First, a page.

Tip of the Month

2/10/2014 De-shedding the Siberian Husky

Siberian Husky Shedding Tips

How to Become a Pet Groomer
With the weather turning a bit chilly to downright cold, it is only appropriate to focus on grooming one of the breeds meant to withstand freezing temperatures. Hailing from the bone-chilling tundra of Siberia, the marathon runner of the dog world has managed to become a favorite not only in colder, but also the warmer climates around the world. Even though Huskies do not need their thick fur coats in all the regions they have spread to, they have packed it along and are more than happy to share it with their owners.

Is Your Husky Blowing His Coat?

One important thing to take notice of before you begin is whether or not your furry friend is blowing his coat. Blowing the coat generally happens twice a year in which the shedding becomes excessive. It will be easy to notice as you will be able to remove clumps of fur with just a pinch of your fingers. If this is the case, you have a much hairier job than if your Husky was not blowing his coat. However, with the right array of tools you should be able to help this process along and keep you from being knee deep in fur around your house.


Start with a quick all-over with a slicker brush, taking care not to press so hard that you brush burn the dog. This will help pull out those easy-to-grab clumps of fur. Next, run a shedding blade over the thicker parts of the dog, such as the back, neck, rump, etc. Now take a carding tool (these are often marketed as de-shedding tools in commercial markets) and card the coat. Be careful not to overdo it, as you could potentially leave your dog with a bald spot if you card too much. Afterwards, use a rubber curry to help remove the remainder of the loose hair that the previous tools did not grab. Keep in mind, your Husky will still be shedding but it will not be nearly as extreme as before.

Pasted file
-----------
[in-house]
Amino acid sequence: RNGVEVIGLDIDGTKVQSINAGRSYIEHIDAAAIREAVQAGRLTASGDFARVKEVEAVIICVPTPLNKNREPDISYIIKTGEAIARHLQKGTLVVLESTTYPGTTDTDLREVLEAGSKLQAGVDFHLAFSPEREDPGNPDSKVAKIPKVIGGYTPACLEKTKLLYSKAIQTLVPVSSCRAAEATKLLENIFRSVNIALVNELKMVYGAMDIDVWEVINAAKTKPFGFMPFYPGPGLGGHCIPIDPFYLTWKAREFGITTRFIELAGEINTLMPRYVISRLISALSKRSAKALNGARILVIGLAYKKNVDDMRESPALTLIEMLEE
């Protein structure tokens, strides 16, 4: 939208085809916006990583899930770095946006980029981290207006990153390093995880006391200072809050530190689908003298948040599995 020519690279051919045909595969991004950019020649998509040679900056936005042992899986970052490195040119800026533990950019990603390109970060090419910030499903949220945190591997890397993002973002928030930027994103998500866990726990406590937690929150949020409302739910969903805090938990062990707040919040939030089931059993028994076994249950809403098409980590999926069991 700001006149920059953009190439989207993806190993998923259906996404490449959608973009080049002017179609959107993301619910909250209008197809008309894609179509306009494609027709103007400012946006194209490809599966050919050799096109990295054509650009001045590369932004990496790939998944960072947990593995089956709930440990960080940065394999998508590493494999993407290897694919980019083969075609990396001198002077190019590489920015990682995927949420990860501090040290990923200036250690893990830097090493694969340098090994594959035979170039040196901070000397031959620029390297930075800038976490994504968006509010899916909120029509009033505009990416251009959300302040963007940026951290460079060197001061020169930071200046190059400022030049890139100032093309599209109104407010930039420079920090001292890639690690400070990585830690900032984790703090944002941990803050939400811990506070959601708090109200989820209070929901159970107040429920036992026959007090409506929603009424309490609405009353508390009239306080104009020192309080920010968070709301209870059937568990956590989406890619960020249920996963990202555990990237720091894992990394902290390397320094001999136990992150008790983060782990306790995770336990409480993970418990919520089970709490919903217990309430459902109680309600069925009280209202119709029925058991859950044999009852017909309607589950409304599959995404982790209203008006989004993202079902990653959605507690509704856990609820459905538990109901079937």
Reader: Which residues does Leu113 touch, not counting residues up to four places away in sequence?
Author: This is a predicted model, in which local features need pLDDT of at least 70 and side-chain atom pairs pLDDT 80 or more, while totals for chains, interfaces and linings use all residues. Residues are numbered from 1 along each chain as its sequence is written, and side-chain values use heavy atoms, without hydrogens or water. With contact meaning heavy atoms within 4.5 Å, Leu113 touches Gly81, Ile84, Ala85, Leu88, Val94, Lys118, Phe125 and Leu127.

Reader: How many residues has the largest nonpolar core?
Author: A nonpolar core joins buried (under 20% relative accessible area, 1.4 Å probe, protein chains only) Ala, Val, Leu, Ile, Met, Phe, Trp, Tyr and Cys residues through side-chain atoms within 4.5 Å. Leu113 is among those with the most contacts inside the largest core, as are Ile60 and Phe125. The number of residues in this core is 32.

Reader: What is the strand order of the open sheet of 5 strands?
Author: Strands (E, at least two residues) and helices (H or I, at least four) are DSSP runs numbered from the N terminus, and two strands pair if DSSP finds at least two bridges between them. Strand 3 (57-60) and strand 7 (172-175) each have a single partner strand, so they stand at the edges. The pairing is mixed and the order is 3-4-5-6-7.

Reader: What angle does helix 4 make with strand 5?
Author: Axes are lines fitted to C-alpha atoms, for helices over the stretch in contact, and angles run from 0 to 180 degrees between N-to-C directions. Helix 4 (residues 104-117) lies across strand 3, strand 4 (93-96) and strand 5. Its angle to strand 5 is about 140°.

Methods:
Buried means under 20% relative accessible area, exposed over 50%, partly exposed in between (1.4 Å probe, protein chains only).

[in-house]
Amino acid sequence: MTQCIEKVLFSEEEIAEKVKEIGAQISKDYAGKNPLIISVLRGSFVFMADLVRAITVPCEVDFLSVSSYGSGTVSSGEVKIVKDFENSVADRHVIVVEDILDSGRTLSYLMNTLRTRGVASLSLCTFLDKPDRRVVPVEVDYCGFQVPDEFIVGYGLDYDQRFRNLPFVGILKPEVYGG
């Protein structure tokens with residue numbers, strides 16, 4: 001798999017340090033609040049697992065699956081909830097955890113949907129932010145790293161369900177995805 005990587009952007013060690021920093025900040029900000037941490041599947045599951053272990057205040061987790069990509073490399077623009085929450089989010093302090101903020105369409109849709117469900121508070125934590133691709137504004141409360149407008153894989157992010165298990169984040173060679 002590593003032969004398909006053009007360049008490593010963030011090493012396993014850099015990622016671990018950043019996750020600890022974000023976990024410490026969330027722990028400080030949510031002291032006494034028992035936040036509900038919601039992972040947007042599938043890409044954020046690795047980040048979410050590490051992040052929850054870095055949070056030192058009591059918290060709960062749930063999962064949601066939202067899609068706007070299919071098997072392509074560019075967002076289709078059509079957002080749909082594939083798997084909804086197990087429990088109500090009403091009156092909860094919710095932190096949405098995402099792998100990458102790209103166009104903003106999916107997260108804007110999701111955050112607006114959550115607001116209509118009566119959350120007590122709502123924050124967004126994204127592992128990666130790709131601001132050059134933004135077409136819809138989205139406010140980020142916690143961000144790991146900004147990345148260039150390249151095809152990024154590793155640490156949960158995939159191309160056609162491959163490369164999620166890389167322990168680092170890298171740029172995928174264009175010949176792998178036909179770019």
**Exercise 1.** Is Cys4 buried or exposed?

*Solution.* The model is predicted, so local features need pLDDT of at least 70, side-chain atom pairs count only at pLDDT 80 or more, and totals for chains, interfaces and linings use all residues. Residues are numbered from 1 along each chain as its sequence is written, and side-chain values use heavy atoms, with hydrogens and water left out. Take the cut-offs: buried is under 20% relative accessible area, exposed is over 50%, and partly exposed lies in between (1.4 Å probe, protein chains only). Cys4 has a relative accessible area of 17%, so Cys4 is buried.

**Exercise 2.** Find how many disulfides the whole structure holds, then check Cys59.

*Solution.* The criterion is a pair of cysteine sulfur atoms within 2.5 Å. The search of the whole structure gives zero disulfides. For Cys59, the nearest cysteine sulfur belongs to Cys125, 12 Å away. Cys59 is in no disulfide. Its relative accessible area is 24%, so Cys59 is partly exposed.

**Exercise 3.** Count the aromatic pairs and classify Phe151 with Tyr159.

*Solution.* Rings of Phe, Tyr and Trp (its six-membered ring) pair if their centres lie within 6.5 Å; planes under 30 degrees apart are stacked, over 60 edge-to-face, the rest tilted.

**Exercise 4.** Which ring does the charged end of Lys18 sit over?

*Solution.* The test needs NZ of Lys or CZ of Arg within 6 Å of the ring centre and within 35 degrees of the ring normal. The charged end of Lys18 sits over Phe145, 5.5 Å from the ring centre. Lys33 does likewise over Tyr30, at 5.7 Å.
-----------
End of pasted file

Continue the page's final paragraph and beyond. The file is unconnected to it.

Alternative De-Shedding Tool

There is a faster way to accomplish much of the same de-shedding accomplished with the various tools listed above. The trade off, however, is itís a much pricier option. High velocity dryers have the primary purpose of blowing water off a dog after the bath but can also be used as a fast and efficient de-shedding tool. A good-quality, high-velocity dryer will set you back several hundred dollars, though. Ultimately, it is up to you and your pocket book as to which method will work best for you.

By Shelly Navarro, ABCPG

Wondering how to become a dog groomer? Visit our website to learn about our Grooming Instruction Program.

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